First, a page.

“Forget the Spanish Inquisition. You face…the Vampire Pope!”

Gameplay in V Rising has definitely been through several evolutions since it’s initial Early Access launch. The final form keeps a lot of the things that worked well, but has made some last-second reworkings in some areas. The basics have been pretty constant, and hew to the typical survival ethos. Craft gear to raise your level, gather resources to craft new gear, build up your castle and all the necessary refinements, go out to hunt V Blood bosses to unlock new gear and refinements, and start the cycle over again. There have been a lot of new bosses added since the last time I played while in Early Access. Of course, there’s also been a lot of other new additions since last I played. New weapon types such as Pistols and Whips certainly add to the arsenal, as well as helping to keep things from going completely Victorian or completely medieval. Even with the new weapons, combat is pretty simple. Different types of weapons have different inherent special attacks, and higher quality gear has more special attacks to utilize. When the fighting starts, you make sure you’ve got the cursor over your target, and click till they’re dead.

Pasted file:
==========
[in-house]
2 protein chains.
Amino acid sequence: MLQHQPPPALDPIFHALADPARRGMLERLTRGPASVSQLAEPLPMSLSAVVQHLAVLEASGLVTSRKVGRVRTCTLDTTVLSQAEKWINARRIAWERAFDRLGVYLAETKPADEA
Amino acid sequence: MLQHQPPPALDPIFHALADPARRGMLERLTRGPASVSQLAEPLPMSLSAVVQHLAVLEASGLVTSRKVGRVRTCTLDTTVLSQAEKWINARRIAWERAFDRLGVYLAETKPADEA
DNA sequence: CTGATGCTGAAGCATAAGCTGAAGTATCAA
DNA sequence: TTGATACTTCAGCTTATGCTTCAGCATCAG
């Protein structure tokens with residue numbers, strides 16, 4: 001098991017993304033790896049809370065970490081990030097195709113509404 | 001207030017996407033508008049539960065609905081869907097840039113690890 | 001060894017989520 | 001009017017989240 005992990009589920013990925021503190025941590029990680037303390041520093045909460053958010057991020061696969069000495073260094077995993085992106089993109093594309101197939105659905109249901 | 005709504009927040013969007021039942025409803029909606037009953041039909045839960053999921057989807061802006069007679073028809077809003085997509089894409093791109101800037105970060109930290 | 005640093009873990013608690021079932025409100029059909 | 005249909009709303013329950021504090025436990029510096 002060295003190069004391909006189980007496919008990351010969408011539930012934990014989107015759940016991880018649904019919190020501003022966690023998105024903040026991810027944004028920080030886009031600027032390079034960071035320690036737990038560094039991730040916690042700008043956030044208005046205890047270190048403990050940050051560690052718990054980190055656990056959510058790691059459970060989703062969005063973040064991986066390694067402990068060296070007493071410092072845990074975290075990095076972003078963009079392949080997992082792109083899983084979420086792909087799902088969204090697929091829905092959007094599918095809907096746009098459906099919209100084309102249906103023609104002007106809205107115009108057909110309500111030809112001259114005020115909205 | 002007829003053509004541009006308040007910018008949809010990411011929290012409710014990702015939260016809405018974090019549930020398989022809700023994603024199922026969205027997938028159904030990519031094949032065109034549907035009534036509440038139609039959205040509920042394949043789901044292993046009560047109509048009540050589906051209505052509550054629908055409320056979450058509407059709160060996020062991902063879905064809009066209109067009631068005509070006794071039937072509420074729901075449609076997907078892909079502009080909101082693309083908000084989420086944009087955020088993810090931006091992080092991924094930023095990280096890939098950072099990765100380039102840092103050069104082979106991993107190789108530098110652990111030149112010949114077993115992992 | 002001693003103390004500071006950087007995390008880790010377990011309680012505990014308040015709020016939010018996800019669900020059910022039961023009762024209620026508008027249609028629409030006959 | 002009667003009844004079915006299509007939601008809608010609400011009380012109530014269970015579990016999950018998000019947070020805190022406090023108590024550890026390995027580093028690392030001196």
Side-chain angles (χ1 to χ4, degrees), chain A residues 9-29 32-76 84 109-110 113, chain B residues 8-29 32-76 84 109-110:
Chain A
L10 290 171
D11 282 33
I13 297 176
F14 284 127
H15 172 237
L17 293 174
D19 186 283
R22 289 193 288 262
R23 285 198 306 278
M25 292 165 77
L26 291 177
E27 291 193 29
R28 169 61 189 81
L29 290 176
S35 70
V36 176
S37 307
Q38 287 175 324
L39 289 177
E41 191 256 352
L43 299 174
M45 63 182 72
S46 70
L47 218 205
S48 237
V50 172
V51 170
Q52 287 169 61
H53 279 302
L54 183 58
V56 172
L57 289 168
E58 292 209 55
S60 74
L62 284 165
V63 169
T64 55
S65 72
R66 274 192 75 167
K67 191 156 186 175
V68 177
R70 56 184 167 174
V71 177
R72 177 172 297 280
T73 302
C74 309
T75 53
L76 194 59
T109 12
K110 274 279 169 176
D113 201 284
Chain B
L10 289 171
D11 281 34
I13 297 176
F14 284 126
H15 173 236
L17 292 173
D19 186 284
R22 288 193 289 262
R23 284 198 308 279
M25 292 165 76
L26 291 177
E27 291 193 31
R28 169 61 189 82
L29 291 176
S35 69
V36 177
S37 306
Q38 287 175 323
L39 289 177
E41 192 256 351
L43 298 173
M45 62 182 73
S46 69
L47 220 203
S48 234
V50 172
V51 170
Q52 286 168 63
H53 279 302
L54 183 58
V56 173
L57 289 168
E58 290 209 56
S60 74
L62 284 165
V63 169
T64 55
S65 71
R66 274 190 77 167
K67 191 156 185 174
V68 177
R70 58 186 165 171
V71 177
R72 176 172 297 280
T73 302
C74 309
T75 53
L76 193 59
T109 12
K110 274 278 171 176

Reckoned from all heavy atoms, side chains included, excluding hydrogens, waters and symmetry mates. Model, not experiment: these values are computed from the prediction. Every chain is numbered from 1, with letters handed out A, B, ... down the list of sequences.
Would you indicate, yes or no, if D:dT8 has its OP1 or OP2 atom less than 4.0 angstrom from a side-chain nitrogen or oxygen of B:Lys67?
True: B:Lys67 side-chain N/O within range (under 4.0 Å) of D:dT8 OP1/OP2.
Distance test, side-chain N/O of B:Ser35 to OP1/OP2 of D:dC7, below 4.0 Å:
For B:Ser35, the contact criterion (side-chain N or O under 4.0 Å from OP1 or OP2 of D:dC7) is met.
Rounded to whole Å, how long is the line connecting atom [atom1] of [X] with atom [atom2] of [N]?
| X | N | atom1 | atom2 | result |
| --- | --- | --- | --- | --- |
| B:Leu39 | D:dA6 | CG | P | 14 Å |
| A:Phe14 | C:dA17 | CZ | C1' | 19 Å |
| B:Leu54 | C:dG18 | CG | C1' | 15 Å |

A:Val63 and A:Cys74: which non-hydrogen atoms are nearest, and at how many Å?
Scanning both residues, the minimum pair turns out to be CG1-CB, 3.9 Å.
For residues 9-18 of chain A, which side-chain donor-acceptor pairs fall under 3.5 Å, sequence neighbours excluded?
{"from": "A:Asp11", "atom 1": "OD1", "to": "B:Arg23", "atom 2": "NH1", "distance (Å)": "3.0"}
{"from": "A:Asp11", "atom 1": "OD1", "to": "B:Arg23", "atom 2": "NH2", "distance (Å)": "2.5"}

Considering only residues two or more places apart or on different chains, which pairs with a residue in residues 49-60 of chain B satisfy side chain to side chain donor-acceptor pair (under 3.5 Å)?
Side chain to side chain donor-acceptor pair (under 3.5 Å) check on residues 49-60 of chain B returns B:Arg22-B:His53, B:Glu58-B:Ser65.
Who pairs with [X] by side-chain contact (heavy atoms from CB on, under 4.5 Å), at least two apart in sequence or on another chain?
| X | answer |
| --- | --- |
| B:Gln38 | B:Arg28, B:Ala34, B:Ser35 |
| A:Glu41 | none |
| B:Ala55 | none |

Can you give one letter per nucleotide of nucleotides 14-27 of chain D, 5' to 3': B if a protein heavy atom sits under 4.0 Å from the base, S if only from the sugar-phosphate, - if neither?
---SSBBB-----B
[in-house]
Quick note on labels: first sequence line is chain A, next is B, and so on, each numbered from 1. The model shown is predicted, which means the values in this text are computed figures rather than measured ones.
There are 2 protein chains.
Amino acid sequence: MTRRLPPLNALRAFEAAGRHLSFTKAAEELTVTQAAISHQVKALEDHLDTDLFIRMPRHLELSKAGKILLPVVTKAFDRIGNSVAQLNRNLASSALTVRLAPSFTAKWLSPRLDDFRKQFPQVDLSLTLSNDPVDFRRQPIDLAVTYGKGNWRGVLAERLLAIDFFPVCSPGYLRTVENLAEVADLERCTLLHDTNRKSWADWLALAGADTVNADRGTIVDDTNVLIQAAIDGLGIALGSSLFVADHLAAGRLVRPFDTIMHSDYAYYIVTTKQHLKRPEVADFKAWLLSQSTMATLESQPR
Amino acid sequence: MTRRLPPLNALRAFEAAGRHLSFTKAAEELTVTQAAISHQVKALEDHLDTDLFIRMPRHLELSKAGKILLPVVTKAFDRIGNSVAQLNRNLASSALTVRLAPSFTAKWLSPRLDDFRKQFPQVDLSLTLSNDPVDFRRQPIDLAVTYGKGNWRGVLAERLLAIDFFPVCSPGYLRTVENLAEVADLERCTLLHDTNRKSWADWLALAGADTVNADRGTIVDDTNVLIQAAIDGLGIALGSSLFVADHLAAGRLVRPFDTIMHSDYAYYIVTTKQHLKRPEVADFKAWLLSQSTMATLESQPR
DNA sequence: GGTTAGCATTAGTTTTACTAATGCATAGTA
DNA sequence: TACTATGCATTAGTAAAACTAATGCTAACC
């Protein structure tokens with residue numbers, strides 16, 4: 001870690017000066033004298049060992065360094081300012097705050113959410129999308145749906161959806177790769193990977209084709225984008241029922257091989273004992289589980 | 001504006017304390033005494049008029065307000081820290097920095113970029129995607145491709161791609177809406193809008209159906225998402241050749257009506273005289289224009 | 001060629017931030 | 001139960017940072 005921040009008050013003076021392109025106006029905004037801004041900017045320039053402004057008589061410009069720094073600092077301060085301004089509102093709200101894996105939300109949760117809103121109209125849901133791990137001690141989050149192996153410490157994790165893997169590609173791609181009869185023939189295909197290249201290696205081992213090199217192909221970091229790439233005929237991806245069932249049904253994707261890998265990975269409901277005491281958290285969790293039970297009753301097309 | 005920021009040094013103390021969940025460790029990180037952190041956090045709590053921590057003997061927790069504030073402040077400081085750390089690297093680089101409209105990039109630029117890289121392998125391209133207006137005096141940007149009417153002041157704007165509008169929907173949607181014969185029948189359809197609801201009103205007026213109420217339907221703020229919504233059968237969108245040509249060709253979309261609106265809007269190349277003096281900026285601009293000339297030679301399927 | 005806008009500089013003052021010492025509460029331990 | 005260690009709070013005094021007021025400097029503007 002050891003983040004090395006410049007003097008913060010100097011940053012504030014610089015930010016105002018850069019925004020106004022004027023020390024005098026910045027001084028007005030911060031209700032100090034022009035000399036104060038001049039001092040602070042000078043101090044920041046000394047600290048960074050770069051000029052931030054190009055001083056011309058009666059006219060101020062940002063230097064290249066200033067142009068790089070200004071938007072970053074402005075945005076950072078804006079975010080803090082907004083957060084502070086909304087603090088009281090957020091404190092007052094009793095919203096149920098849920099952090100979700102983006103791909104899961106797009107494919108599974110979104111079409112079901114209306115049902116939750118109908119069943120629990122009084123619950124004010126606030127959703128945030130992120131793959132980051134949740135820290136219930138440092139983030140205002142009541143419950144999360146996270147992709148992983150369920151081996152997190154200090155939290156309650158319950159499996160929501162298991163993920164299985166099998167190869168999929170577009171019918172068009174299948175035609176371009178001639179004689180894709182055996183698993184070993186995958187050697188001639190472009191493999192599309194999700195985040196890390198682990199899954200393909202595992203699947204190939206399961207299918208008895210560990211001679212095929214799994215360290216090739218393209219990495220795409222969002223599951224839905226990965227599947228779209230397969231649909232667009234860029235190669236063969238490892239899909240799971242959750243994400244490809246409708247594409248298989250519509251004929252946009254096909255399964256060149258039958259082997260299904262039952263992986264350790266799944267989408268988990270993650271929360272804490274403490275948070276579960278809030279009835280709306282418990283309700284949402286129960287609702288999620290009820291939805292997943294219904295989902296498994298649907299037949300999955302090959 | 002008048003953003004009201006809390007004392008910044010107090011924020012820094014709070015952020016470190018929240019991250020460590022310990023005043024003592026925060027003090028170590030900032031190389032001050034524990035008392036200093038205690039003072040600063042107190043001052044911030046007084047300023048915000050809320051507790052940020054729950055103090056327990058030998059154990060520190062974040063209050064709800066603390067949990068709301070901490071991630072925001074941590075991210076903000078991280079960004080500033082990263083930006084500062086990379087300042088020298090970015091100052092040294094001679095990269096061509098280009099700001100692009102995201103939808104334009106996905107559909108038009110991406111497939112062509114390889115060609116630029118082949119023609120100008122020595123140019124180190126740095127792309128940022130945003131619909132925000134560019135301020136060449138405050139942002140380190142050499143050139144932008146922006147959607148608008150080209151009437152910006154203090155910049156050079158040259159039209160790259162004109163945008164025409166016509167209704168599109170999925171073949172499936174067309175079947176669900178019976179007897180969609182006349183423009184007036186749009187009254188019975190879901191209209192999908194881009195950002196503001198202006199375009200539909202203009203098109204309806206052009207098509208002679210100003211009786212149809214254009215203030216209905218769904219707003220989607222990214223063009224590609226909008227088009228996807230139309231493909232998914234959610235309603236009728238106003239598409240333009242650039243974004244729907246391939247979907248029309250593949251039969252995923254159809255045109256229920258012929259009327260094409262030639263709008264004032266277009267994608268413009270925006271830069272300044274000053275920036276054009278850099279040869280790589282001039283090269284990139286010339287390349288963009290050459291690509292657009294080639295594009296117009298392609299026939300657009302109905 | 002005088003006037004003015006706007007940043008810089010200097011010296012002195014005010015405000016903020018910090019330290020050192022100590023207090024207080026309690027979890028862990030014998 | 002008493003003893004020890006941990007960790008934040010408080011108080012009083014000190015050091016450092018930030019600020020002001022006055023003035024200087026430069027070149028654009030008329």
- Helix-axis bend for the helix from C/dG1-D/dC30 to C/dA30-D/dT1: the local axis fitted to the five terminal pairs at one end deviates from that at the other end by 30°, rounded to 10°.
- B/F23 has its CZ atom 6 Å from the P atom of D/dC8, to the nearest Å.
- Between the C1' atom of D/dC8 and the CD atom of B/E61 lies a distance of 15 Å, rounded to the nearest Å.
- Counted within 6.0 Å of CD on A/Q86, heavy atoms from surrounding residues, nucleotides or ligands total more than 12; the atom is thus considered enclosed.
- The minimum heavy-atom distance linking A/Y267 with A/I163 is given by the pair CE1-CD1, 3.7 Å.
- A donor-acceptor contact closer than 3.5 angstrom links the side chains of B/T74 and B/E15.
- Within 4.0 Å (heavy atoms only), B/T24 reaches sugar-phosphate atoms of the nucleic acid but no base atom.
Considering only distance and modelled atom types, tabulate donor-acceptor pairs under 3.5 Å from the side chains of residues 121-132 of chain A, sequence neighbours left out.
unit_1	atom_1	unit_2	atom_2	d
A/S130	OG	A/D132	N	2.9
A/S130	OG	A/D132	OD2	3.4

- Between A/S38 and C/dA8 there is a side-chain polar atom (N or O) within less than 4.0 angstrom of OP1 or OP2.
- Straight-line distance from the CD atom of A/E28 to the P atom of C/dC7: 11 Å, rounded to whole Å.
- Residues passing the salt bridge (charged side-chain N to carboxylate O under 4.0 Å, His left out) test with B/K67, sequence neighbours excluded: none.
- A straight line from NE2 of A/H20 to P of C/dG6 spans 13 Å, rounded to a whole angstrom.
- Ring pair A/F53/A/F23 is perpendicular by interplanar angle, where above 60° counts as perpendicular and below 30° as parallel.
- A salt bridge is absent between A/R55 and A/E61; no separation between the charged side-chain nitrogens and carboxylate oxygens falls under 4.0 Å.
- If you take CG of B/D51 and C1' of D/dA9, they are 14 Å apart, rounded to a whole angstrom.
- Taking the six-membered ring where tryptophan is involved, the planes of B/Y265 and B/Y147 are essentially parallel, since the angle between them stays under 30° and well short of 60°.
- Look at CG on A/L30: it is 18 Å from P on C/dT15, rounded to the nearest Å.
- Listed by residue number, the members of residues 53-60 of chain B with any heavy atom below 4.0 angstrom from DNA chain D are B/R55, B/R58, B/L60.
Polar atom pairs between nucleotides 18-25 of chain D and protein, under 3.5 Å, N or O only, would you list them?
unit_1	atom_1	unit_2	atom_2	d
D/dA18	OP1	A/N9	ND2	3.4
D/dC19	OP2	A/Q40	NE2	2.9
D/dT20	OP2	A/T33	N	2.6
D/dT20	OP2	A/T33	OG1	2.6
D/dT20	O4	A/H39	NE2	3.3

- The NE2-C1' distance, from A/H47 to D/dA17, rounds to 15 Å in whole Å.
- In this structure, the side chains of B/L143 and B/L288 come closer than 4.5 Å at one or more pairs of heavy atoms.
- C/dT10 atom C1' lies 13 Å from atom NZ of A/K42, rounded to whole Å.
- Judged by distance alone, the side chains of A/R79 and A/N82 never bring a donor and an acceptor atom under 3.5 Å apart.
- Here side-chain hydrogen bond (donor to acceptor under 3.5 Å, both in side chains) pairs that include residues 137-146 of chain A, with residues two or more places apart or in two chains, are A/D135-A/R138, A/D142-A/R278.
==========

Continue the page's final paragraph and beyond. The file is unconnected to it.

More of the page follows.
Probably the biggest change from before entails the way new spells and special abilities are unlocked. Previously, certain V Bloods had very specific spells you learned by defeating them. As a result, if you wanted to go purely Frost based, for example, you’d have to start with Keeley the Frost Archer and go from there, trying to find the targets you needed to complete the set. Now, with so many new V Bloods (and new spells), Stunlock wisely went to a “point-based” system, where certain bosses don’t have specific spells, but rather a tiered “spell point” which can be used to unlock one of several spells within a certain school. It’s not a bad system, and definitely allows for a lot more flexibility when crafting your particular vampire.